Hammerhead sharks are known for their unique head shape and wide-set eyes, which give them a better visual range than most other sharks, but there's a lot more to learn about these distinctive fish than what you may already know.
FUN FACT The scientific genus name of most hammerhead sharks is Sphyrna, which comes from the Greek word for hammer. Some scientists have theorized that the hammer-like shape of the head may have evolved to enhance the shark's vision. The hammerhead's eyes are positioned on the sides of the shark's flattened "hammer" head, which gives it 360-degree vision — in other words, the hammerhead can see above and below at all times. However, they have a huge blind spot directly in front of their nose.
FUN FACT There are nine species of hammerhead sharks. The great hammerhead is the largest, and typically measures about 13 feet long and weighs about 500 pounds.
SAD FACT Sharks are infamous for being labeled as the big, bad monsters of the sea, but there's a monster out there that's even more threatening — humans. Hammerheads are at a high risk for extinction because fishermen hunt them for their fins, which are considered a delicacy in some countries. After a hammerhead's fin is sliced off, the fisherman will toss the creature back into the water. Unable to swim, the shark dies.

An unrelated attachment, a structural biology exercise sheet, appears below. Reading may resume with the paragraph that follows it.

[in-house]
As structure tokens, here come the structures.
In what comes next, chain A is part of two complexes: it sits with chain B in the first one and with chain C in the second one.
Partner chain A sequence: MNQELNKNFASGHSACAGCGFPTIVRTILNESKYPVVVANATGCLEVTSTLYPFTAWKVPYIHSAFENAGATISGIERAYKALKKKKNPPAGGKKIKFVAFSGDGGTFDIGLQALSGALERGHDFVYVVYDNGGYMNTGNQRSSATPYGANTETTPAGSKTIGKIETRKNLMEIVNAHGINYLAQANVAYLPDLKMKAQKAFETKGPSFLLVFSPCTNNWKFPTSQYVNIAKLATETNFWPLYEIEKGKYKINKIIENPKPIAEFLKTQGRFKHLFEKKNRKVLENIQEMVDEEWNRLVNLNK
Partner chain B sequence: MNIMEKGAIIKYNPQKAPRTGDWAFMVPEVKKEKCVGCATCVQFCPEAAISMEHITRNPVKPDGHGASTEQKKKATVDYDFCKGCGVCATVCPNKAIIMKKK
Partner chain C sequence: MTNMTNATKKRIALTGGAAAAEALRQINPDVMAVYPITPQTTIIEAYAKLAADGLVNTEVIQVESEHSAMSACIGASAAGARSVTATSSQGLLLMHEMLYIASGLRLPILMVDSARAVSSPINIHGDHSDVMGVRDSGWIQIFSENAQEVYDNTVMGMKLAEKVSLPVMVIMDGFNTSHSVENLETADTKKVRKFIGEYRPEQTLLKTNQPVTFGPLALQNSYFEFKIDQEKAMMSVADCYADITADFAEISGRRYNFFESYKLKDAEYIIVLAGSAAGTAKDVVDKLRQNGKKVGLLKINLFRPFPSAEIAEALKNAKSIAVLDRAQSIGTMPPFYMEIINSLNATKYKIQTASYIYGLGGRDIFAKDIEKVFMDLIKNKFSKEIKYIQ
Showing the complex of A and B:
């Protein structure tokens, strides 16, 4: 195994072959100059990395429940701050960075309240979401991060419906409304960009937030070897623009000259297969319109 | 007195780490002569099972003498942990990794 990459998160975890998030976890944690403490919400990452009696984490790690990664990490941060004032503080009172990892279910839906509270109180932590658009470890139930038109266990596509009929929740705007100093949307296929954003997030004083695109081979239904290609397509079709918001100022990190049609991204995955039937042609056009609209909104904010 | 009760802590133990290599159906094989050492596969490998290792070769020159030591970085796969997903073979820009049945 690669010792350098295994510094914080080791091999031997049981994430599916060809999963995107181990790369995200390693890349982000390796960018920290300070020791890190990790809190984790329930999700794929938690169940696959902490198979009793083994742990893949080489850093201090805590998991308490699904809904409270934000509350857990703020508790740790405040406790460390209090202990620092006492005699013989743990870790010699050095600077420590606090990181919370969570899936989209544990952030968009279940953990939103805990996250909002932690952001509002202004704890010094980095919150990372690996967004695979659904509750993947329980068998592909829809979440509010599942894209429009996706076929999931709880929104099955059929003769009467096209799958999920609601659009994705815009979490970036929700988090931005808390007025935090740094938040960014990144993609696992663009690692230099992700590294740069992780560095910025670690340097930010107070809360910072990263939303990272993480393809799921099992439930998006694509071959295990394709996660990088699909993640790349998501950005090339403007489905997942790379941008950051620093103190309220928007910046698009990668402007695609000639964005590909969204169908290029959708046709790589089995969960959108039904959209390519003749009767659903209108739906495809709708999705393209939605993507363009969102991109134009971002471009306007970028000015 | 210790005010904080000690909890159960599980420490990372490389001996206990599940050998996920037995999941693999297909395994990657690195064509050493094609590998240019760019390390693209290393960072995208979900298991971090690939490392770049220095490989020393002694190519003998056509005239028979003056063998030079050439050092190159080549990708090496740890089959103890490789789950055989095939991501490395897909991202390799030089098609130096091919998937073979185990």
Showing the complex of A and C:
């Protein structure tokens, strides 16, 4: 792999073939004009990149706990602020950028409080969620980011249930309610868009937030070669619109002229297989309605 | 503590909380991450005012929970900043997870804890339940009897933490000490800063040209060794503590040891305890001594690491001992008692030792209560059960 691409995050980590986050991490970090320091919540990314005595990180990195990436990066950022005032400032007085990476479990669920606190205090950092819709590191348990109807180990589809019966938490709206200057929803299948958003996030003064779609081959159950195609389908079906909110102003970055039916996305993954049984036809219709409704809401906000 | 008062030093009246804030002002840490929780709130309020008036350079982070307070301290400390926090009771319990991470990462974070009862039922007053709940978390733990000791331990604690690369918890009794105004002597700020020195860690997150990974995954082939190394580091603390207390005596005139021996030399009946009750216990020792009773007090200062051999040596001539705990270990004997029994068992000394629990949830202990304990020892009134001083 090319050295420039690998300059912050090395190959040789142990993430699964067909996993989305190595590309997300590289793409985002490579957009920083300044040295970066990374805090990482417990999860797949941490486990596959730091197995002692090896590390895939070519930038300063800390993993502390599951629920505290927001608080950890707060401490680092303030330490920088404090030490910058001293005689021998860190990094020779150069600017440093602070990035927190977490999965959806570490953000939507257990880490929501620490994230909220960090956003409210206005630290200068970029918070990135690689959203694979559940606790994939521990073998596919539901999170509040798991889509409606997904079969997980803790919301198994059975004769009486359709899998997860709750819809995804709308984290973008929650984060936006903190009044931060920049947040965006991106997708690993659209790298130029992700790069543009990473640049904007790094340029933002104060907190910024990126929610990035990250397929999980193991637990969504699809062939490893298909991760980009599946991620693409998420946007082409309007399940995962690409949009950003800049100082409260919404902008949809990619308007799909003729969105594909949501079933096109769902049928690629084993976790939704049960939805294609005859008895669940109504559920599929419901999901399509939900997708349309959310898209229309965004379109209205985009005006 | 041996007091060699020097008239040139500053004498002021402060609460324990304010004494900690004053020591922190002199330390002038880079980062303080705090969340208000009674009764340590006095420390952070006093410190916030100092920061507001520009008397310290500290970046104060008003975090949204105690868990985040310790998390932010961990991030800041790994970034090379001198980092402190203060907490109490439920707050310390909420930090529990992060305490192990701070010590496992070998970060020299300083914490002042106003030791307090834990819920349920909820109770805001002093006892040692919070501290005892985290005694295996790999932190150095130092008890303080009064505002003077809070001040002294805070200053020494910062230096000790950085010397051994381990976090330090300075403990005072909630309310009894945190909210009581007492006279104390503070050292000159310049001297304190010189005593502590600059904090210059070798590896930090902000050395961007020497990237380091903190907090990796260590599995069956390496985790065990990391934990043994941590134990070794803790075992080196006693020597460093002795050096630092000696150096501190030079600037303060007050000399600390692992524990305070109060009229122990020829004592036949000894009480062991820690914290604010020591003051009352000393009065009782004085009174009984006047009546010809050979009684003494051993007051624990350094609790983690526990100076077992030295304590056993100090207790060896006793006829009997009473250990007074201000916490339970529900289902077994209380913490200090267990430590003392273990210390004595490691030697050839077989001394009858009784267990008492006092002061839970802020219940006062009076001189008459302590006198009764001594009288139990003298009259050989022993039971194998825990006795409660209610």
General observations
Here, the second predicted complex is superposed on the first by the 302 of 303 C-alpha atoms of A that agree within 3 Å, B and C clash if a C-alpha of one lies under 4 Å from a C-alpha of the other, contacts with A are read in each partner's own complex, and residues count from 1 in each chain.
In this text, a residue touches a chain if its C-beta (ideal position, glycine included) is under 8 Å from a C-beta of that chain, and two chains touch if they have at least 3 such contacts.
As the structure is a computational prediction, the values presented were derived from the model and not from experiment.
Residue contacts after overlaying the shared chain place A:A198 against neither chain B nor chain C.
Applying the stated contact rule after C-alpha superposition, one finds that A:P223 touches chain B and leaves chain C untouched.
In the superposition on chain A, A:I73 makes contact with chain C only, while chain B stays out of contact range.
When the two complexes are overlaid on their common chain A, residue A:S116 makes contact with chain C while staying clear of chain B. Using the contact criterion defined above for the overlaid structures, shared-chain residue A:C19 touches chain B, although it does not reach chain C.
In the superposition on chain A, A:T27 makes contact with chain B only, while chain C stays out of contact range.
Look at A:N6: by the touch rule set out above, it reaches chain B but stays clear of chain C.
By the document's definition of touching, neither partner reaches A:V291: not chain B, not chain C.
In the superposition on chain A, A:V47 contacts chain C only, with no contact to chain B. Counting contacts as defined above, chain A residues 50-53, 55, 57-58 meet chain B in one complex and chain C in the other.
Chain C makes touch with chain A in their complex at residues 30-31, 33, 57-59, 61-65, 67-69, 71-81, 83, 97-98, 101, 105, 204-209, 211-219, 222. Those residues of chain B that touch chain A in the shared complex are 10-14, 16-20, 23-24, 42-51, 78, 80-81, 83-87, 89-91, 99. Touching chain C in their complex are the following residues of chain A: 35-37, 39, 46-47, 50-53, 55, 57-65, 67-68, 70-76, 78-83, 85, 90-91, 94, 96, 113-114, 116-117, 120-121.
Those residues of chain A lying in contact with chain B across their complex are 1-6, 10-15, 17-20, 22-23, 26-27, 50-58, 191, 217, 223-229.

FUN FACT Hammerheads are found in both shallow and deep water. During summer, you can find large schools migrating to cooler water. Because they often school in shallow water, they are one of the few animals that can actually tan from exposure to the sun.
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FUN FACT Like all sharks, hammerheads have electroreceptory sensory pores called ampullae of Lorenzini. Because of its unique head shape, the hammerhead can sweep the ocean floor for prey more effectively.
FUN FACT Fossil records for most sharks are scant since they do not have mineralized bones. Usually, it is their fossilized teeth alone that are commonly found. According to scientists' DNA studies, the ancestor of the hammerheads probably lived about 20 million years ago.
FUN FACT A female hammerhead gives birth to live young. A single female can give birth to anywhere from six to 50 pups.
Find out what Project AWARE is doing to shine a light on these creatures.